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Fritz Scholder

Fritz Scholder was 25 years old before he openly identified himself as American Indian.

Despite his vow to never paint anything "Indian," it was his depictions of Indians in the late 1960s and early 1970s that launched him into the stratosphere of the international art world.

Scholder, along with other contemporaries such as T.C. Cannon, is credited with forever changing how American Indians were regarded in contemporary art.

"He broke the mold for Indian style. It was not the old romantic paintings. He's the one that really set the stage," said James McGrath, a retired art director for Santa Fe's Institute of American Indian Arts.

Scholder has always worked in series of paintings. In 1967, his new series on the Native American, depicting the “real Indian,” became an immediate controversy. Scholder painted Indians with American flags, beer cans, and cats. His target was the loaded national cliché and guilt of the dominant culture. Scholder did not grow up as an Indian and his unique perspective could not be denied. Scholder resigned from IAIA in 1969 and traveled to Europe and North Africa. He returned to Santa Fe and acquired a small adobe house and studio on Canyon Road.

In 1970, Tamarind Institute moved from Los Angeles to Albuquerque. Scholder was invited by Tamarind to do the first major project, a suite of lithographs, Indians Forever. It was the beginning of a large body of work in that medium for the artist. Scholder/Indians was published by Northland Press, the first book on Scholder’s work. In the same year, Scholder had his first one-man show at the Lee Nordness Galleries.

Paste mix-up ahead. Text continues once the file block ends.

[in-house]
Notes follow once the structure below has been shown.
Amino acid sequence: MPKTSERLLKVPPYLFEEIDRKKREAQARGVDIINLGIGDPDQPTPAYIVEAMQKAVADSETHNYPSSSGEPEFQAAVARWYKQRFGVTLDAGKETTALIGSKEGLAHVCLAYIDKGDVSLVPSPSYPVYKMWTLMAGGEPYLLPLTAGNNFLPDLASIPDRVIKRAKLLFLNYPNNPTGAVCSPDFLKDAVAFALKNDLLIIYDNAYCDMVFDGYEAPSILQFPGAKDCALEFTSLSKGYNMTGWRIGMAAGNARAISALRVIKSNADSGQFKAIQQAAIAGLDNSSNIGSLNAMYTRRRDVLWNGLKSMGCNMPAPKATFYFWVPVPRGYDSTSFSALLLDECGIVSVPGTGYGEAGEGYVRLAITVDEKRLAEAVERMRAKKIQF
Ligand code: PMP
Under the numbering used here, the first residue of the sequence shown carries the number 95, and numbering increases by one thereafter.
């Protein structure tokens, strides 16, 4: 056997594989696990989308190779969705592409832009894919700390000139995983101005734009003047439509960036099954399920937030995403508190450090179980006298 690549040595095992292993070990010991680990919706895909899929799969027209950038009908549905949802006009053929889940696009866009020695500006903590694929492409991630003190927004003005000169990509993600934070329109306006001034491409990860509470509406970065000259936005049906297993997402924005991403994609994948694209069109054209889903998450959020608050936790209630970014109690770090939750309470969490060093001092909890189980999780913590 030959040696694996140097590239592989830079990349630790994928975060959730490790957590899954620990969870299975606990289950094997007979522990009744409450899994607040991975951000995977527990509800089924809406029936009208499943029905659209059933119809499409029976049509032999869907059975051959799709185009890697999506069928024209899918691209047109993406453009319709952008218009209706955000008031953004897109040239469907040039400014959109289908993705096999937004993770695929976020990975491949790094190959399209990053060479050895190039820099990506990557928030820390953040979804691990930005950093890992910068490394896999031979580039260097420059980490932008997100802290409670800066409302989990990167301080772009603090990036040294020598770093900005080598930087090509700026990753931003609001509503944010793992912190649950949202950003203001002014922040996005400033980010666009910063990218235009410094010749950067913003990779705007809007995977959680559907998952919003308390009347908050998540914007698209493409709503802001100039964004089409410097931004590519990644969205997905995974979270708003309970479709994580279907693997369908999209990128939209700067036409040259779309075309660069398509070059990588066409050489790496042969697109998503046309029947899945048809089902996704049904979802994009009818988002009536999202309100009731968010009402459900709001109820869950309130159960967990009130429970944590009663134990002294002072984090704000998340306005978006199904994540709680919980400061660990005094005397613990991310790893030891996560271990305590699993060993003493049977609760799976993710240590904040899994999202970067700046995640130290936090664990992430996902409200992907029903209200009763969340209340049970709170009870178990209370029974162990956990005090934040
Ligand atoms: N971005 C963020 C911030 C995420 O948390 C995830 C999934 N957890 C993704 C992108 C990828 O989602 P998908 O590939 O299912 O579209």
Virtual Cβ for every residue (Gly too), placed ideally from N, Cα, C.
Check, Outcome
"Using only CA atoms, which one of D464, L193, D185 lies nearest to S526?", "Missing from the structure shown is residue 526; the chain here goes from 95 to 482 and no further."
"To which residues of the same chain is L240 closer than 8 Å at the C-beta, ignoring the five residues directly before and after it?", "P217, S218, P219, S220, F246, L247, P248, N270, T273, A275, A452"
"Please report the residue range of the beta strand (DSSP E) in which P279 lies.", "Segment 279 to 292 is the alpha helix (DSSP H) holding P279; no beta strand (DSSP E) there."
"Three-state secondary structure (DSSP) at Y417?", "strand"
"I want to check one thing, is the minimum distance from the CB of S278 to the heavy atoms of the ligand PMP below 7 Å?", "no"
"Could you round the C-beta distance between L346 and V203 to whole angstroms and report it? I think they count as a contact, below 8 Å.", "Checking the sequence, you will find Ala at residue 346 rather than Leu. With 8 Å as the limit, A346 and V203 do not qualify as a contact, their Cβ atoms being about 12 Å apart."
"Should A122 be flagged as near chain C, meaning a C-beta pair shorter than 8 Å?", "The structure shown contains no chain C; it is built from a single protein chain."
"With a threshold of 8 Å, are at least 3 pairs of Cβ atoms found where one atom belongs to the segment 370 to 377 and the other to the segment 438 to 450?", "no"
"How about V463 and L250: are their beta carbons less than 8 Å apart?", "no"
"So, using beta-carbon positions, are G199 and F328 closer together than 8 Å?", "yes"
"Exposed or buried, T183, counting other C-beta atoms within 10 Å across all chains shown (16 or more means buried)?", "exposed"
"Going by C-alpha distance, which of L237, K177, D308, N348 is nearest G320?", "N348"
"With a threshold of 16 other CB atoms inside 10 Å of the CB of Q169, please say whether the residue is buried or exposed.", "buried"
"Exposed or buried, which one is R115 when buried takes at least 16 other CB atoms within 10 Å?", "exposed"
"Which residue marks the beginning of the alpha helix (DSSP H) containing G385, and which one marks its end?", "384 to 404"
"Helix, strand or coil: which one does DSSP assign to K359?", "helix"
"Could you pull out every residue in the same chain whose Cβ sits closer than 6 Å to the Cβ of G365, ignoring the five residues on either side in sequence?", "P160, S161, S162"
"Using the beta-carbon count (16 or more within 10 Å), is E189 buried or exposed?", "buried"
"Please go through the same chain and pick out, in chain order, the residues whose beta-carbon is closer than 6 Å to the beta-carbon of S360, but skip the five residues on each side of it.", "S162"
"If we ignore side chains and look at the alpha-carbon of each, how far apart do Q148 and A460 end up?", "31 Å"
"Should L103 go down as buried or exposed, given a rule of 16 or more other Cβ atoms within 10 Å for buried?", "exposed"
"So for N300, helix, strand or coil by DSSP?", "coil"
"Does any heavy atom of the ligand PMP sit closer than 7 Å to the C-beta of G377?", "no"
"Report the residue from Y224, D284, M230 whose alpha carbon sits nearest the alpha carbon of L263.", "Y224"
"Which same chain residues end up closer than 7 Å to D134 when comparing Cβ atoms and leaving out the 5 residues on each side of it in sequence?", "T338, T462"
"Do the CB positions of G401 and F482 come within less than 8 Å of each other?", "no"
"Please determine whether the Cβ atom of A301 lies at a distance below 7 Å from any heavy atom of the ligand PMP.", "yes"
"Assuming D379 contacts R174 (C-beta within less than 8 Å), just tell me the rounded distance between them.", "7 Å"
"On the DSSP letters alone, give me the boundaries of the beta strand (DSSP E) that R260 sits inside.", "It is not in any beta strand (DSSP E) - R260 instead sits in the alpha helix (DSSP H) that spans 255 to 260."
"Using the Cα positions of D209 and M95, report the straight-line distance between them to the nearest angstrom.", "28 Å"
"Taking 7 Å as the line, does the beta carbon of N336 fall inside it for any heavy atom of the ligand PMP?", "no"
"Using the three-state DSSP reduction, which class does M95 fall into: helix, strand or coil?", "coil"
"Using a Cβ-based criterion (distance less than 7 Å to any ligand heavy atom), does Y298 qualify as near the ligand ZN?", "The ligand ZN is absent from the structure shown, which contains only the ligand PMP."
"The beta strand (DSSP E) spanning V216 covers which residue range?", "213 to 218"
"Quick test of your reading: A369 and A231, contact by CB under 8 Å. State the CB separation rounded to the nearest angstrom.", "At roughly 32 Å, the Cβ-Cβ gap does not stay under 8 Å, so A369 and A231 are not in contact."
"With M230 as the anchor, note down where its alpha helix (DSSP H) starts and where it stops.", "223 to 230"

He had become a major influence for a generation of Native American artists. He was invited to lecture at numerous art conferences and universities including Princeton and Dartmouth. In 1972 an exhibition of the Dartmouth Portraits opened at Cordier and Ekstrom in New York to favorable reviews. In the same year, Adelyn D. Breeskin of the Smithsonian American Art Museum visited Scholder and suggested a two-person show of the work of Scholder and one of his former students. Scholder chose T. C. Cannon. The show opened in Washington, D.C. to good reviews and traveled to Romania, Yugoslavia, Berlin, and London. Scholder was invited to have a one-man show at the Basil V International Art Fair in Switzerland in 1974. After Basel, Scholder traveled to Egypt and painted the sphinx and pyramids.

  “Thank you dear Fritz. Your spirit is still with us and you left us an extraordinary body of work that portrayed the mystery of life at its best and most beautiful, at its worst and most painful. You showed us the humorous and absurd, love and passion in its darkest and brightest moments. Yes, you felt it all. “Now, rest in peace.”

David Witt, curator at the Harwood Art Museum in Taos, New Mexico



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